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Android Programming for Beginners: User Menus

In our previous Android coding tutorials (part 1, part 2), you set up your dev environment, built a basic app, and then improved it by adding a menu and a second Activity. In this tutorial we're going to look at a very handy part of the Android API: ListView, ListActivity, and the associated methods which give you an easy way to show the user a list and then act when they click a list item.

Creating a ListView

A very common pattern in an Android activity is showing a list of items for the user to select from. The Android API provides the ListView and ListActivity classes to help out with this. Carrying on with the Countdown app from previous tutorials, we'll list a few sample countdown times for the user to select from to set the timer.

If all you want is a List, ListActivity will set your View up for you automatically; no need to write any XML at all. So onCreate()can be very simple:

public class CountdownActivity extends ListActivity {
  public void onCreate(Bundle savedInstanceState) {
    Integer[] values = new Integer[] { 5, 10, 15, 20, 25, 30, 45, 60 }; 
    ArrayAdapter adapter = 
        new ArrayAdapter(this, android.R.layout.simple_list_item_1, 

CountdownActivity now extends ListActivity. ListActivity does a lot of the preparation work for you, so to show a list, you just need to create an array of values to show, hook it up to an ArrayAdapter, and set the ArrayAdapter as the ListActivity's ListAdapter. The ArrayAdapter has three parameters:

  1. The current context (this);
  2. The layout resource defining how each array element should be displayed;
  3. The array itself (values).

For the layout resource, we're use a standard Android resource, android.R.layout.simple_list_item_1. But you could create your own, or use another of the standard layout items (of which more later). You can also take a look at the XML of the standard resources.

The problem with this layout is that it only shows a list. We want to be able to see the countdown and the start button as well. This means setting up our own XML layout, rather than relying on ListActivity to generate its own layout. Add this to your XML, below the TextView and the Button:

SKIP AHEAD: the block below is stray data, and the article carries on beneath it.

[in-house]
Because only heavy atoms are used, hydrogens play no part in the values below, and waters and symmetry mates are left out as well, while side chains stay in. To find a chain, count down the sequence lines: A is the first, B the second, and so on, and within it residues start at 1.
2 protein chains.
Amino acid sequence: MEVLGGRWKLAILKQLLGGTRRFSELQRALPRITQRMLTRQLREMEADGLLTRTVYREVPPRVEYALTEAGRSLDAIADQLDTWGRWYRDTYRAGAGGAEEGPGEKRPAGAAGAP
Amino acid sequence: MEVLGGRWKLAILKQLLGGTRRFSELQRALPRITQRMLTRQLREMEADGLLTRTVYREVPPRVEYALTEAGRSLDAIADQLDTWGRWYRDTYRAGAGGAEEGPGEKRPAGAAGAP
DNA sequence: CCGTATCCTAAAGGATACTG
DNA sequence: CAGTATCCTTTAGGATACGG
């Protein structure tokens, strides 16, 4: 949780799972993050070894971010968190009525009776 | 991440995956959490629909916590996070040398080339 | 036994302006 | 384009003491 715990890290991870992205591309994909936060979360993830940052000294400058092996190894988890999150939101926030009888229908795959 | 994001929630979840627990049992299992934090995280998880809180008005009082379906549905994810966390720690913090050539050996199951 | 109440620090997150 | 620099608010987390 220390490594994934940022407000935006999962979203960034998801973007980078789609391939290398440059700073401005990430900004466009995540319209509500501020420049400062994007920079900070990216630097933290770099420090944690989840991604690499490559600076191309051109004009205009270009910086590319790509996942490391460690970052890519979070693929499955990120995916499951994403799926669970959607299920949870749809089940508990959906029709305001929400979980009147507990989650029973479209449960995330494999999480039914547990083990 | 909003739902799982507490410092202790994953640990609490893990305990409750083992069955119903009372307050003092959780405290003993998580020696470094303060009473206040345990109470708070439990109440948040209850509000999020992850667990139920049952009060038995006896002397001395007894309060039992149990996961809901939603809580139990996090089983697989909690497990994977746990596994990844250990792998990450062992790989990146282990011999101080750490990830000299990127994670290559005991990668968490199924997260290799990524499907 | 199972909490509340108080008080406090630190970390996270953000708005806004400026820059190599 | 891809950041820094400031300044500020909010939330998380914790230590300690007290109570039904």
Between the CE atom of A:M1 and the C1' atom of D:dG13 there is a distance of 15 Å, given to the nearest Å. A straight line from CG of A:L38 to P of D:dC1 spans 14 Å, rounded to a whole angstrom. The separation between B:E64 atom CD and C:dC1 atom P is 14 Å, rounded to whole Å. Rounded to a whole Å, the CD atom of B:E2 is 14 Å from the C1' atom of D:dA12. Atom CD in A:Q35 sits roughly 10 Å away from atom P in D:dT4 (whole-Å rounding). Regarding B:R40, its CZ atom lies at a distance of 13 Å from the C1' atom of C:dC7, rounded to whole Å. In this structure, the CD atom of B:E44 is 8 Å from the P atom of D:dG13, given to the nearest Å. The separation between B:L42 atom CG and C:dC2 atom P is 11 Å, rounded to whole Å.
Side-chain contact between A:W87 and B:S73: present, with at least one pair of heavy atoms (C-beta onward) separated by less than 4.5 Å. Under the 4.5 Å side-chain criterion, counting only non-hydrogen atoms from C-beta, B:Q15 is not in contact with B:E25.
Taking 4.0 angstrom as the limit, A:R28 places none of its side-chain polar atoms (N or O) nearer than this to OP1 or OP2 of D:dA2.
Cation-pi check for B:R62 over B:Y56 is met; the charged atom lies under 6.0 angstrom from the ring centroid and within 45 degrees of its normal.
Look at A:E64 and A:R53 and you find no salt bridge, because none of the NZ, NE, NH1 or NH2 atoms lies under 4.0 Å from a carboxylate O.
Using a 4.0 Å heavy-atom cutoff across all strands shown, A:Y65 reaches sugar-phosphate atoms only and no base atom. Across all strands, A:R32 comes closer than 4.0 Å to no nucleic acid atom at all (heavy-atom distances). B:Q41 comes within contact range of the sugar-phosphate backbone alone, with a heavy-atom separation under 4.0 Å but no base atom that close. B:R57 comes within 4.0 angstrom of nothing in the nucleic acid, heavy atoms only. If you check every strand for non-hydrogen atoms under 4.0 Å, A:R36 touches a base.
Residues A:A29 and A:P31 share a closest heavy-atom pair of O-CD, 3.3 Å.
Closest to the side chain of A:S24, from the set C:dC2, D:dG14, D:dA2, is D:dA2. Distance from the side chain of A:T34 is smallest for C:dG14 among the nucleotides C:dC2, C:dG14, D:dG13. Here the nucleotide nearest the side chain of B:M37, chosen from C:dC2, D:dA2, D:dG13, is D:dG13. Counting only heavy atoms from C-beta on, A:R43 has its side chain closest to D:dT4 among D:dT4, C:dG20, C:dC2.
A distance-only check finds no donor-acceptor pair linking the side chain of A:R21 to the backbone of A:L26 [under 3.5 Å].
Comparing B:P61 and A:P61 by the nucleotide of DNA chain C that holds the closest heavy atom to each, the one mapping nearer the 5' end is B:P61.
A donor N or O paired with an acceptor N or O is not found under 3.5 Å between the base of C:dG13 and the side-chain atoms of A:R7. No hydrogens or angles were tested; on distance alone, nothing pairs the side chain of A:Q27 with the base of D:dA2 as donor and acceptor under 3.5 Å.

android:layout_below="@+id/startbutton" />

It's important that the ListView should have the ID @android:id/list. This is what enables the ListActivity to do its magic without you explicitly setting up the List.

android 3 listchoice

Now go back to CountdownActivity.onCreate(), and put your previous display and button setup code back in, after the ListView setup:

public void onCreate(Bundle savedInstanceState) {
  Integer[] values .... etc ...
  [ ... ]
  countdownDisplay = (TextView) findViewById(;
  Button startButton = (Button) findViewById(;
  [ .... etc .... ]

Again, it's important that you set up the ListView first, before setContentView(), or it won't work properly. Recompile and run, and you'll see the list appear below the text and button. What you won't see, though, is anything happening when you click the list elements. The next section will tackle that problem.

One final note: you can also set up an empty element in the layout, which will display if and only if the ListView is empty. Add this to your XML:

       android:text="@string/empty_list" /> 

(You'll need to set up the string value in res/values/strings.xml, too). Now replace the array declaration line in CountdownActivity.onCreate()with this one:

Integer[] values = new Integer[] { };